Sunday, March 6, 2011

Religious Tolerance

I ran into this article after someone posted it on Facebook. This article discusses how a Mormon Church in Missouri opens its doors to Muslims on Fridays for their Friday worship. Friday prayers are really important to Muslims. Friday to them is what Sunday is to Mormons and other Christians. Muslim leaders came forward in an Interfaith Council and asked for a place to worship on Sundays as they did not have a local mosque to use yet. A member of the Council was Mormon and was the connection they needed.
Then I found out today that The Church Of Jesus Christ of Latter Day Saints (the same religion discussed in the article for those of you who are not familiar with my church) is sending aid to Libya. They are working with other countries and with a large Muslim organization to get the aid into Libya, as the United States is not allowed in.

These stories came at an interesting time. I have been thinking a lot about the Muslim faith lately and one night I had a rather intense discussion with my husband about some of my feelings.  I was saying that I felt Muslims needed to be more open and upfront about what they believe and about their feelings on events in the Middle East. If they don't condone violence, then say so. This course of action is taken often by Muslims groups in the United States. The Muslims in my area are well known for making public statements condoning violence and for reaching out to the community. But, I felt that more Muslims needed to come out against all the violence and hate. That they needed to do more to allow us to know how they feel.

But then my husband (who is much more kind than I am) was pointing out that people who judge Muslims based on what extremists do are somewhat shortsighted and judgmental. And this is true too. I would not want someone to judge my church if one person twisted the beliefs of my faith and went and committed violence against others.

It is hard though. What is unique about the Muslims faith is that many countries are governed on Shariah law or other laws based on the Muslim faith. Their faith becomes their way of life too. So when bad things happen, such as the killing of a young girl, it is hard to separate the two. Is the Muslim faith a violent faith or  a peaceful one? This question often bothers me. And so many times after reading blogs and the news, I don't feel the greatest of feelings towards Muslims. I am left with misgivings and a sad heart for everything that is going on in the world.

But after talking to my husband I realized that it is not necessarly fair for me to place such a burden on Muslims. That I shouldn't feel that they must be okay with violence if they don't cry out against it more loudly. While I still believe that it would help for them to step forward and start being more vocal about their feelings, I can not lay that whole burden on them.

And after much though I have made the following conclusion:

I think it is important for members of different faiths to open up to each other, to get to know each other, to be tolerant of each others faith. I like the idea of Interfaith Councils and Interfaith Events. These councils allow people to more intimately get to know other religions. They give them a chance to discuss what is going on in their congregations, to discuss their views of events in the world, to ask for help and to give help.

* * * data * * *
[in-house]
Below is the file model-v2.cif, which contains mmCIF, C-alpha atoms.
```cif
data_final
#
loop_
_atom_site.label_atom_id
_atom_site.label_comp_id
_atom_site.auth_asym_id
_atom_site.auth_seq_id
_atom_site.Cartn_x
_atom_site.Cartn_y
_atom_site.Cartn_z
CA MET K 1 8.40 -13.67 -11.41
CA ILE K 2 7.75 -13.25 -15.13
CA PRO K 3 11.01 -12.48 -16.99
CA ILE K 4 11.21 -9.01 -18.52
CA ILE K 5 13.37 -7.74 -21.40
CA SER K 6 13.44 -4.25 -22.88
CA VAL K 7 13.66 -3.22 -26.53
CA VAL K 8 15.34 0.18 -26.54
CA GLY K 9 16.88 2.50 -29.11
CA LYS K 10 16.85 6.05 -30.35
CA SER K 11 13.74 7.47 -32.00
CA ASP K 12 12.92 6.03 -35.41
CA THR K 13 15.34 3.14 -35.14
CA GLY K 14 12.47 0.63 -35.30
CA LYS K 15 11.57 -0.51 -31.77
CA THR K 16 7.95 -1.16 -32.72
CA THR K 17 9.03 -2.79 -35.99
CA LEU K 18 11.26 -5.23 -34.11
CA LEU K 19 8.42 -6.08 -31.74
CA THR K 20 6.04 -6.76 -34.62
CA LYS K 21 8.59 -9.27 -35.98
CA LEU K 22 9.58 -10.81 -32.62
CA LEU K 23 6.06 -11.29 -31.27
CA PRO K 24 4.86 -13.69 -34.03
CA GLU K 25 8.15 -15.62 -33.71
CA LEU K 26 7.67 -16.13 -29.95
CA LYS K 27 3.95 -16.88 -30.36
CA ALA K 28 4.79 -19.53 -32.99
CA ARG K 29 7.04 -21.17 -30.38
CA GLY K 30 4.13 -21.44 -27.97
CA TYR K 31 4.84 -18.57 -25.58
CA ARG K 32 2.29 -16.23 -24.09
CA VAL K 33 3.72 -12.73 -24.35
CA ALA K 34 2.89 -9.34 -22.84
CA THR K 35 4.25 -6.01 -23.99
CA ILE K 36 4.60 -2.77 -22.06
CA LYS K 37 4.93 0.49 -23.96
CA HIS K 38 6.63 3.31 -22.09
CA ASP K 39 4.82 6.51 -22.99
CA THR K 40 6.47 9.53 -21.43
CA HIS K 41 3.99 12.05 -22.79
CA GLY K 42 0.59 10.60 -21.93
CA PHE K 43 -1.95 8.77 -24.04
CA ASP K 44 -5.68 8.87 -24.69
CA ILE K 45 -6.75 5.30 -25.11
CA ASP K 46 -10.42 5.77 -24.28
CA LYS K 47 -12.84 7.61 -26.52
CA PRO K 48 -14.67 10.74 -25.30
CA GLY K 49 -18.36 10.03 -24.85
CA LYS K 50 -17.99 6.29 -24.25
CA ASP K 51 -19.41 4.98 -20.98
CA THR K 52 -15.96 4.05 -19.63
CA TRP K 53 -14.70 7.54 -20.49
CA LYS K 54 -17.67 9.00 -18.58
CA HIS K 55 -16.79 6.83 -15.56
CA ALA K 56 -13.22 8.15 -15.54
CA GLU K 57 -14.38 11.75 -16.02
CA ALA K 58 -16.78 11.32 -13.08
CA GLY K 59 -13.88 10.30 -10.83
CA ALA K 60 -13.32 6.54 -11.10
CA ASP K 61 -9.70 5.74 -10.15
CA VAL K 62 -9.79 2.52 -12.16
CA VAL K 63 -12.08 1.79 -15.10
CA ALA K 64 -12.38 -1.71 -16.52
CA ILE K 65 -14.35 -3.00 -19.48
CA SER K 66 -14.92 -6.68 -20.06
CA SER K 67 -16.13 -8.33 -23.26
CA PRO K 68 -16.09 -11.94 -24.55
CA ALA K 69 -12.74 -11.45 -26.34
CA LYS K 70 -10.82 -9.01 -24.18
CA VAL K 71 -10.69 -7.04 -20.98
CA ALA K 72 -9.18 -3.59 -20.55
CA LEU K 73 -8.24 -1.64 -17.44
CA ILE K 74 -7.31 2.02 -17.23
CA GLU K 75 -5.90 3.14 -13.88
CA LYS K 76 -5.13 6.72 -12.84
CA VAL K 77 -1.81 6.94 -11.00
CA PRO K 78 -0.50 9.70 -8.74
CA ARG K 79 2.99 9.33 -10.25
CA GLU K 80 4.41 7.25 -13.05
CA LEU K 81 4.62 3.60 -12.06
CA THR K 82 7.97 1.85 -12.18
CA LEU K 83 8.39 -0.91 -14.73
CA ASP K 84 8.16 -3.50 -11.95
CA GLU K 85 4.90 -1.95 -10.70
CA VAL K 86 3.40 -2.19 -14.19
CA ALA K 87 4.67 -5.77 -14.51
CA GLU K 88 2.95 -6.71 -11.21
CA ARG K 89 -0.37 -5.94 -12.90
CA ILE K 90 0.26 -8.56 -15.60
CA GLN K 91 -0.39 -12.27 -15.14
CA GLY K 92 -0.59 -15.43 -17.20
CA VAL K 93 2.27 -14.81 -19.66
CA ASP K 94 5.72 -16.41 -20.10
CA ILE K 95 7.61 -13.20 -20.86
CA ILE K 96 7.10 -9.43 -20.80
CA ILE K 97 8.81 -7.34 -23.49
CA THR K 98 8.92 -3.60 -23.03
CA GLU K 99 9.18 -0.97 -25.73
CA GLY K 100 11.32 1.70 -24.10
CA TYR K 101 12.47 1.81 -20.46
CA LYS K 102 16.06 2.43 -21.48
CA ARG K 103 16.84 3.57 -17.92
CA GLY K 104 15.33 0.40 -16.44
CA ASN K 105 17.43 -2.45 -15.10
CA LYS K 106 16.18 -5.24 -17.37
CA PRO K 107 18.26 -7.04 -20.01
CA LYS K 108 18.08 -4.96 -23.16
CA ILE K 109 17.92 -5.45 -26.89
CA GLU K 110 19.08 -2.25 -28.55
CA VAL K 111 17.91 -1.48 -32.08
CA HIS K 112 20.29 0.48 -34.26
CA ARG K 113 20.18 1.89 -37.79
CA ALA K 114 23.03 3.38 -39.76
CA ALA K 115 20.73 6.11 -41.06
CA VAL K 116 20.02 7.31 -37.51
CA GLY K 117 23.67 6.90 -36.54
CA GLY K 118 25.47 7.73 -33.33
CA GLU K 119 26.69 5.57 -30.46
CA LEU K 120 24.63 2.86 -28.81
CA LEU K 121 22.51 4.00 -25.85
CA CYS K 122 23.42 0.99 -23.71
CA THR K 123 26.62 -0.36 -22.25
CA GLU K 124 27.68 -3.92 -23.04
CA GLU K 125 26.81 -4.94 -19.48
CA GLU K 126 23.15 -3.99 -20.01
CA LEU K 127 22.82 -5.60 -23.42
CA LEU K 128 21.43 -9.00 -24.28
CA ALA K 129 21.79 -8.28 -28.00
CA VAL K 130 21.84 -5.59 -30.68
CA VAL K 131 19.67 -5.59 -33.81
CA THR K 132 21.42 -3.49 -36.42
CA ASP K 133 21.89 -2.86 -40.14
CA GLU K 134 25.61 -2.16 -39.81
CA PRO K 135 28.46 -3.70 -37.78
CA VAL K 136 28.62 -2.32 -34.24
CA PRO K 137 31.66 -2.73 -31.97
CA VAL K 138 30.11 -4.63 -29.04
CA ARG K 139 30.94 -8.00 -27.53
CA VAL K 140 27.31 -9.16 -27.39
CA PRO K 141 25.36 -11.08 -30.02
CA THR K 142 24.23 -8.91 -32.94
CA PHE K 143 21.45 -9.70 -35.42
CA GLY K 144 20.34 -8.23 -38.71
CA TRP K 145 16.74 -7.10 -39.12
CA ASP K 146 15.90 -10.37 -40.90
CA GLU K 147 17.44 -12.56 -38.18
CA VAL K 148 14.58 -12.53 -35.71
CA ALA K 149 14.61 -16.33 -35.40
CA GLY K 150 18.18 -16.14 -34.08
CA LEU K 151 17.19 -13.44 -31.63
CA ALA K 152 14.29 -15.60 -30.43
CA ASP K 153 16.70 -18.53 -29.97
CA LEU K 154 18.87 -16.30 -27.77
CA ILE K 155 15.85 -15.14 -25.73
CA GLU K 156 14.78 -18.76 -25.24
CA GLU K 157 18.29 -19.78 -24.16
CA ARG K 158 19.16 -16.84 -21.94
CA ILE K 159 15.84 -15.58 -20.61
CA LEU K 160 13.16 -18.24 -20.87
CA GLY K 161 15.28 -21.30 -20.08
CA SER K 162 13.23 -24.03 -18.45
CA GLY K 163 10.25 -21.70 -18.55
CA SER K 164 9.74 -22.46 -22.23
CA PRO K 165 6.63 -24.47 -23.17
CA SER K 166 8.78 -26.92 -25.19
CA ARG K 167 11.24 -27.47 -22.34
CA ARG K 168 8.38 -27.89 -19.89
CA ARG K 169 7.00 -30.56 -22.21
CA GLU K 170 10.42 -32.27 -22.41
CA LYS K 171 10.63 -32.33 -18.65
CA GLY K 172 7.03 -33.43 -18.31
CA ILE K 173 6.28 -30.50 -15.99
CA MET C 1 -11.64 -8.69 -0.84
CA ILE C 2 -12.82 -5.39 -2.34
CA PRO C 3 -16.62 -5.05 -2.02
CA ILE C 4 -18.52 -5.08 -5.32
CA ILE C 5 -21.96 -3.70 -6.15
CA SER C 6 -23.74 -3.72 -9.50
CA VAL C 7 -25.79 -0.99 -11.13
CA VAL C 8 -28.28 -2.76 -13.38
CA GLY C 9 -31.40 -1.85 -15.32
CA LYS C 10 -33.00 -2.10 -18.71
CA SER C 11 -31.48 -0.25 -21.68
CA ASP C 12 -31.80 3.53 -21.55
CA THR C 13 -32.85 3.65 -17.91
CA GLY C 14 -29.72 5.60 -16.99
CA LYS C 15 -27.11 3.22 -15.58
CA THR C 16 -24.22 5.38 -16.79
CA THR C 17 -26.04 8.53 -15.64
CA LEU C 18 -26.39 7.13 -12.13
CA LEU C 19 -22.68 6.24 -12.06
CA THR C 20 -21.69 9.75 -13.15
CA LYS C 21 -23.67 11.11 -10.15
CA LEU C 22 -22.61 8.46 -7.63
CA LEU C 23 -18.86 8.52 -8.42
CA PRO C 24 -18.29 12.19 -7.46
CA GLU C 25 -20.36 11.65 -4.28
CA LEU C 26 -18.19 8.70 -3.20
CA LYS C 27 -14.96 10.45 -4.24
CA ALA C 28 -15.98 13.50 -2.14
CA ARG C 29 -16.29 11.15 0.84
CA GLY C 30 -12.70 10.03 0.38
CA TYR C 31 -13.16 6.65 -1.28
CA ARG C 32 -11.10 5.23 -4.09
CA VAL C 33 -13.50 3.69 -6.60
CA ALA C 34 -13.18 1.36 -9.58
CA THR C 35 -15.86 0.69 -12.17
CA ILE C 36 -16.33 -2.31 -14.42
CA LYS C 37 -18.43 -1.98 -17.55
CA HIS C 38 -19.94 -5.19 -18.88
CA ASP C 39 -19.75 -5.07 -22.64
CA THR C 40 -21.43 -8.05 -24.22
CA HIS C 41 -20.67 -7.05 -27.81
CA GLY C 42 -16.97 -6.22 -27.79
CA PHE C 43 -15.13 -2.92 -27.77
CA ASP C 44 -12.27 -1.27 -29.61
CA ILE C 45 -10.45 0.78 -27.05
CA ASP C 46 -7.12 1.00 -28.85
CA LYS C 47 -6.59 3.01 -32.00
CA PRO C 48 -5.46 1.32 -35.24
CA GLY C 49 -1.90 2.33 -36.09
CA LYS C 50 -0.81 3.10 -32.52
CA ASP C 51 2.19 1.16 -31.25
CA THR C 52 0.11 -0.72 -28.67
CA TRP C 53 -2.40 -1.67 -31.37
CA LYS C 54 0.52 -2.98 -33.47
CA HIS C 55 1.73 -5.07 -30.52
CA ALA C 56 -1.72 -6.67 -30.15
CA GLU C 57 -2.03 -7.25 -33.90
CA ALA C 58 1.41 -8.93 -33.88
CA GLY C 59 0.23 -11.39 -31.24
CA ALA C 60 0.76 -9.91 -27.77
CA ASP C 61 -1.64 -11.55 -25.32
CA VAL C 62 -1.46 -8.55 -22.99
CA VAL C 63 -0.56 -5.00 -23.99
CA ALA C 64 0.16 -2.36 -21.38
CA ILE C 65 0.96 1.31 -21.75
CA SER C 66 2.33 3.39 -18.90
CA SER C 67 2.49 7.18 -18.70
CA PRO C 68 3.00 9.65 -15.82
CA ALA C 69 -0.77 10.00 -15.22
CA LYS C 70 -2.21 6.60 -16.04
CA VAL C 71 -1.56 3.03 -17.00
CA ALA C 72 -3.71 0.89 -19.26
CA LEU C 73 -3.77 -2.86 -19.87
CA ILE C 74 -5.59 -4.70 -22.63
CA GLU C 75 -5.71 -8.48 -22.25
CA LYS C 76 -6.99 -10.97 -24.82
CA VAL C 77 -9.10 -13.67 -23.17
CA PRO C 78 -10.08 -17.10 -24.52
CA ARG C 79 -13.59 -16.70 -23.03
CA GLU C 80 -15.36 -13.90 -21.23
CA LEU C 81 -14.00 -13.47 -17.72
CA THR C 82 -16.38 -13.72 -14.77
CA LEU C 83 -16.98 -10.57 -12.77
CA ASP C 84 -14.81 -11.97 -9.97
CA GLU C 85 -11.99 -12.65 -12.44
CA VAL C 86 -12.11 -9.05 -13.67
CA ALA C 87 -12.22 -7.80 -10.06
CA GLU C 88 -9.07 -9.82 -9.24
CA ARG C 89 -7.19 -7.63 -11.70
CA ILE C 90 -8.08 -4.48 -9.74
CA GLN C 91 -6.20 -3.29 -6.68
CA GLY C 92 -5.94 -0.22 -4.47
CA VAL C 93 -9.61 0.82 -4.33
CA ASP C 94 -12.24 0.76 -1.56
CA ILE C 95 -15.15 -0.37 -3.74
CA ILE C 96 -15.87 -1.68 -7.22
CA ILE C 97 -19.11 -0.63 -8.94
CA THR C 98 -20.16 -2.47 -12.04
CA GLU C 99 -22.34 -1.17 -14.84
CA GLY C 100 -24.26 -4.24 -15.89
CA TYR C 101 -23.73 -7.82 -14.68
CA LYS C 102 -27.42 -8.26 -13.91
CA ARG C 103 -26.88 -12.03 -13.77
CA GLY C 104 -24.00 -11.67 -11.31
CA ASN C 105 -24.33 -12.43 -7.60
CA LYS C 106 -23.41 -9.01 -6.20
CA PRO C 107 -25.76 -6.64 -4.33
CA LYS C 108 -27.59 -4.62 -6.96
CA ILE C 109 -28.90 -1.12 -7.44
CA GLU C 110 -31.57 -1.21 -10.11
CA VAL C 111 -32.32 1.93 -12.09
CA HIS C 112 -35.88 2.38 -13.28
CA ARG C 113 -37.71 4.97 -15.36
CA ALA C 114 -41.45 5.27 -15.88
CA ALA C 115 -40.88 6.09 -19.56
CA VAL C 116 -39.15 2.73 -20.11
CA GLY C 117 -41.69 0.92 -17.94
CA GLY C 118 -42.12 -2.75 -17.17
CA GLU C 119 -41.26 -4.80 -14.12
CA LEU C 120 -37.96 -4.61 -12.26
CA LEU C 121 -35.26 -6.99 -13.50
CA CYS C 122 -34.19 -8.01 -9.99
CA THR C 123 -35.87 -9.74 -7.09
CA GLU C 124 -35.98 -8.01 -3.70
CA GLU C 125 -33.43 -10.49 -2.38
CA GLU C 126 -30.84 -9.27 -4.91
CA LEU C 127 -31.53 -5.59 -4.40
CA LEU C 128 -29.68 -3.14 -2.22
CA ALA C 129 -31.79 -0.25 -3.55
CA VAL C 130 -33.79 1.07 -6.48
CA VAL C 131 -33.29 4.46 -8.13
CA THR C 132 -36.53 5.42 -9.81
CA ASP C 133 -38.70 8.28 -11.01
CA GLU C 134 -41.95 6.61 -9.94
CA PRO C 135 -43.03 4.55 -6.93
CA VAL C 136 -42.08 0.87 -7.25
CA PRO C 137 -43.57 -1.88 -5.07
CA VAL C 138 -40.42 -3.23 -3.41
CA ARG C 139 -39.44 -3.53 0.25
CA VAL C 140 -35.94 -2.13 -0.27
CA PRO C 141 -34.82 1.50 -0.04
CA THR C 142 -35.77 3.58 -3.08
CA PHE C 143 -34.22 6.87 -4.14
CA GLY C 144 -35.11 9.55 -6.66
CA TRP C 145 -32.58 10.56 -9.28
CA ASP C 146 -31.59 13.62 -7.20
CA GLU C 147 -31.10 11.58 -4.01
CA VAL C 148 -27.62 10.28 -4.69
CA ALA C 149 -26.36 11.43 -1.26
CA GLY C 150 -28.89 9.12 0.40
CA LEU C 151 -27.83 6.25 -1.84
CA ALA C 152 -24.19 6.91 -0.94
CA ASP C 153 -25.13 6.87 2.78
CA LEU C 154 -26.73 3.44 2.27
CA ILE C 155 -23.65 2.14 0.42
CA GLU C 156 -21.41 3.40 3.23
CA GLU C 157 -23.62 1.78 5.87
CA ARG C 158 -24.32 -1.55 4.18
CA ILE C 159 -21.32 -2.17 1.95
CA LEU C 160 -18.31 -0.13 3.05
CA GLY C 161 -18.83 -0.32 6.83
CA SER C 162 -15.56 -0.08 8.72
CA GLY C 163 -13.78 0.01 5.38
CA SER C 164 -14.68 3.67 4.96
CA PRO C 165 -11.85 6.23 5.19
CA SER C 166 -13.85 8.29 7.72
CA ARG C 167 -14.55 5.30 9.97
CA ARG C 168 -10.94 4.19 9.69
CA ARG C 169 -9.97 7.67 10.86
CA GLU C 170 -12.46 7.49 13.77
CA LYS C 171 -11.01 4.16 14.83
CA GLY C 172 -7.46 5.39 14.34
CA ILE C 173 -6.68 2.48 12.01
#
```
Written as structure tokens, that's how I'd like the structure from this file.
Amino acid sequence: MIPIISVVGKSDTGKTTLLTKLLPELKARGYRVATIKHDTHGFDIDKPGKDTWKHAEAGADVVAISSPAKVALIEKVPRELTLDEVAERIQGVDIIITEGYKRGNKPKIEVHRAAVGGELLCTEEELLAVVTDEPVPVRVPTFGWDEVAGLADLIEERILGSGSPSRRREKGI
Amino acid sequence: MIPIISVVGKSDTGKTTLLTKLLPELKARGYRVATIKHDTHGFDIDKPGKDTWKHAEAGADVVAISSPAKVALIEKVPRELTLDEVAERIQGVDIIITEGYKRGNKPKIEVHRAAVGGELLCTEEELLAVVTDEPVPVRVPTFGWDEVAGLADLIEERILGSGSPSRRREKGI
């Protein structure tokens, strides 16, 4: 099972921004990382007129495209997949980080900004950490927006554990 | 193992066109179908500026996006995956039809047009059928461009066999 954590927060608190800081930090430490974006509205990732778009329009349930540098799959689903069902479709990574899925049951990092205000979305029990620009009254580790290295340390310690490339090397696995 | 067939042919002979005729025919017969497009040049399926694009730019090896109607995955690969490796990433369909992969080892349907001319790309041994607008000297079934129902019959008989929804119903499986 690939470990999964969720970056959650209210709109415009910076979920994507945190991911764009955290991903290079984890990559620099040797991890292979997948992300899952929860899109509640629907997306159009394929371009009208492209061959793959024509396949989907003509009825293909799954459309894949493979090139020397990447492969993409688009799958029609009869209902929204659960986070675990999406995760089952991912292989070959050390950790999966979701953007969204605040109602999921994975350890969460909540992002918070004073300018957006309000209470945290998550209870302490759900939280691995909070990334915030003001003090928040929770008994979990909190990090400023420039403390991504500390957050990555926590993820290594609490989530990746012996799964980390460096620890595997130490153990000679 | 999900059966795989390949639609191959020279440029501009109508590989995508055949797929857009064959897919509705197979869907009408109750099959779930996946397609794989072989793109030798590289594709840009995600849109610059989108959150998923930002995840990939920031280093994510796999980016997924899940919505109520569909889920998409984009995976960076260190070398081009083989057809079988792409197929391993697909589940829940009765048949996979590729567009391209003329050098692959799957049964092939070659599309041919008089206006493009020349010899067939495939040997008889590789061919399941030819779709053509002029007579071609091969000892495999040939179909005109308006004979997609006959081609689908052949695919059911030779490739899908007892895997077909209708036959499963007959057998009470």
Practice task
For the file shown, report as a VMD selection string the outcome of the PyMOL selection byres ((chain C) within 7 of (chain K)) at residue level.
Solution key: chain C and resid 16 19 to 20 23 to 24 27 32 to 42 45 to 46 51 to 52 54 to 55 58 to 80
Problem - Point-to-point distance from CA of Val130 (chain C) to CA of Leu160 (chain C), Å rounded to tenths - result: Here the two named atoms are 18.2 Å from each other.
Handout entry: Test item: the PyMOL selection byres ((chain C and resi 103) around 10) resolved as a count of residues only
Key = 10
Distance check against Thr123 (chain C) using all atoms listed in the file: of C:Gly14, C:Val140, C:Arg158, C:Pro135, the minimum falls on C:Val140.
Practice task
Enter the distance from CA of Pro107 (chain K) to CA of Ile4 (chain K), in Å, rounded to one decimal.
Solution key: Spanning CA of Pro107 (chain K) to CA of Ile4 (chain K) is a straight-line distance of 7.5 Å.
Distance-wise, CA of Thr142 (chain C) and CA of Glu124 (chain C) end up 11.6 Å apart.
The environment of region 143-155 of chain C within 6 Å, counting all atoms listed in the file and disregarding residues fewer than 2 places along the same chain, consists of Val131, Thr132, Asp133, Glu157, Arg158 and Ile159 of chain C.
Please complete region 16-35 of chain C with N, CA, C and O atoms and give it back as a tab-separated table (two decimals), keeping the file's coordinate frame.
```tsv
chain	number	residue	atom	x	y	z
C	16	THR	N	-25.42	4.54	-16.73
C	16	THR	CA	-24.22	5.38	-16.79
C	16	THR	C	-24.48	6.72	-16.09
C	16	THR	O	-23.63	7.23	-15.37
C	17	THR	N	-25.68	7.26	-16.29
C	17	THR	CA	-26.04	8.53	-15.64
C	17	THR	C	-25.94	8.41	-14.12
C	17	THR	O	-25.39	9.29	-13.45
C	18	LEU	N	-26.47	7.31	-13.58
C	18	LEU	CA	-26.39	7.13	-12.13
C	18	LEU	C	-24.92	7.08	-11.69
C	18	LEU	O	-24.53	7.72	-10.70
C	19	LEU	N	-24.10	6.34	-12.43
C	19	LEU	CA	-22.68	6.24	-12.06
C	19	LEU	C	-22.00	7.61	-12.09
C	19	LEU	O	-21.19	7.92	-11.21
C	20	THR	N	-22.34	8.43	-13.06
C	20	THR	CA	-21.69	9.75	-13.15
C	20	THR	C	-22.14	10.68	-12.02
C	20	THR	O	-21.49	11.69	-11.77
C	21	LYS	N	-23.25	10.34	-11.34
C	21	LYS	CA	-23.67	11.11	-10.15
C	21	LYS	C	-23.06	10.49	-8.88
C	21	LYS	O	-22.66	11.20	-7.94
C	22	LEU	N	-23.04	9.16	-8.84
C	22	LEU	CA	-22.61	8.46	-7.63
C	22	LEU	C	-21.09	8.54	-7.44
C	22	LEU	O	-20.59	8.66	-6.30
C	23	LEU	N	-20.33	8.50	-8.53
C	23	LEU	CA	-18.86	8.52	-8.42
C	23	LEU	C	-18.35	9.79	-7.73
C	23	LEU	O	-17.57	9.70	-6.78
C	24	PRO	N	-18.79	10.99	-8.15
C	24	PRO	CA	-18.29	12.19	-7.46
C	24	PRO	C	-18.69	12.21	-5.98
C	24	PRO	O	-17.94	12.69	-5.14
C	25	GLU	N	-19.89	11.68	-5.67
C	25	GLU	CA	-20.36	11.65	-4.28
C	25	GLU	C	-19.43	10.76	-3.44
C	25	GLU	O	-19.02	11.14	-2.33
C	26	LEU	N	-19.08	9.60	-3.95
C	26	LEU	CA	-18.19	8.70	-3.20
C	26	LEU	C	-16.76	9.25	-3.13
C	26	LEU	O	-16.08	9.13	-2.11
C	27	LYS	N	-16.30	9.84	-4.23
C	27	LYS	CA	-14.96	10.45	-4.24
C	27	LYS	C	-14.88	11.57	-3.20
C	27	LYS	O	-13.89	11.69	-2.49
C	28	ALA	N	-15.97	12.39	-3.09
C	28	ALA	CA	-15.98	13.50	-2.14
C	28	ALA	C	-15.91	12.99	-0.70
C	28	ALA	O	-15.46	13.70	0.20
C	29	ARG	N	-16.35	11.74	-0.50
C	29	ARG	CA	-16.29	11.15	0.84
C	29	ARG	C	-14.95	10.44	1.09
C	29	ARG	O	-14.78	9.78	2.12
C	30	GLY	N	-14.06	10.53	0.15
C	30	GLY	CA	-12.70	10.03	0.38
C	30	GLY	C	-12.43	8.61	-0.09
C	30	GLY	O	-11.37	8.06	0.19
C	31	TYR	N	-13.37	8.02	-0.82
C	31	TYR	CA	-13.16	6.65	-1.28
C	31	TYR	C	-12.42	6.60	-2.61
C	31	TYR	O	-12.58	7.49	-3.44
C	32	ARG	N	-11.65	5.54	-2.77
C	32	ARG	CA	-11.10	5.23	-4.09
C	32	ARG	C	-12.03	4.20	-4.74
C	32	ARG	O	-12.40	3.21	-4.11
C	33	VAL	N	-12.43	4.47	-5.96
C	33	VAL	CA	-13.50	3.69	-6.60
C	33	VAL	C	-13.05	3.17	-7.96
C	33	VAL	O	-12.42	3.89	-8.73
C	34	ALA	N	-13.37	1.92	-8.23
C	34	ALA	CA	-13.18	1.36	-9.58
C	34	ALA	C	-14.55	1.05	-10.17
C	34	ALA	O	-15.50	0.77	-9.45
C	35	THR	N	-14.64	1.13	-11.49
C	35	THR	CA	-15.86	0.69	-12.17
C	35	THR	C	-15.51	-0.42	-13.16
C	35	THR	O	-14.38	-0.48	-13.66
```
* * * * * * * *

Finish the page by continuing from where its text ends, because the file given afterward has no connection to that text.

Neighborhoods are no longer well knit communities. Oftentimes, your only friends are those you interact with at work or school or church. This doesn't necessarily allow for diversity of religions in your group of friends and acquaintances. And this may not be a good thing.

This interaction could only be more eye opening. At this stage of my life, I know no Muslims.  I know someone who is Jewish, but not active. In fact, I don't know many really religious people except for Mormons. This mean that much of what I know about other religions comes from what I read about on the news and on blogs. This can leave me with a very narrow mind on religons.

Perhaps there is a hole in our society that could be filled with more Interfaith Councils and Events. Or perhaps we just need to make a greater effort in getting to know our neighbors. Personal interaction and experience is often times more effective than reading a dozen articles all stating the same thing.

I for one hope that I can be less narrow minded. I will probably still have some misgivings about certain fascists of other faiths. But I need to remember that what is going on in the Middle East is more of a political issue than a religious issue (though the two can not be totally seperated). It concerns peoples feelings, way of life, and social/political structure. And all I can do for them is pray that things will work out. That the governments involved will make the right decisions and that slowly, yet surely, they can take the steps necessary to bring peace to their land and their lives.

P.S. I can't finish without saying that I do have a few misgivings about the situation in the article. Mainly, that they cover up the picture of Jesus. To me, that feels like someone coming into my home and covering up my picture of Jesus because they don't believe in him. But in the end, I think God is happy that his building is being used for service and I think he understands. So I need to be understanding of it too.

P.P.S. I know some may disagree with me. Some may view me as too lenient on the Muslim religion, while others may view me as too hard on them. But I am okay with that and I am okay with where I stand on this issue right now. But I also understand where each side comes from. So please to not feel scared to tell me your feelings, whatever they may be.

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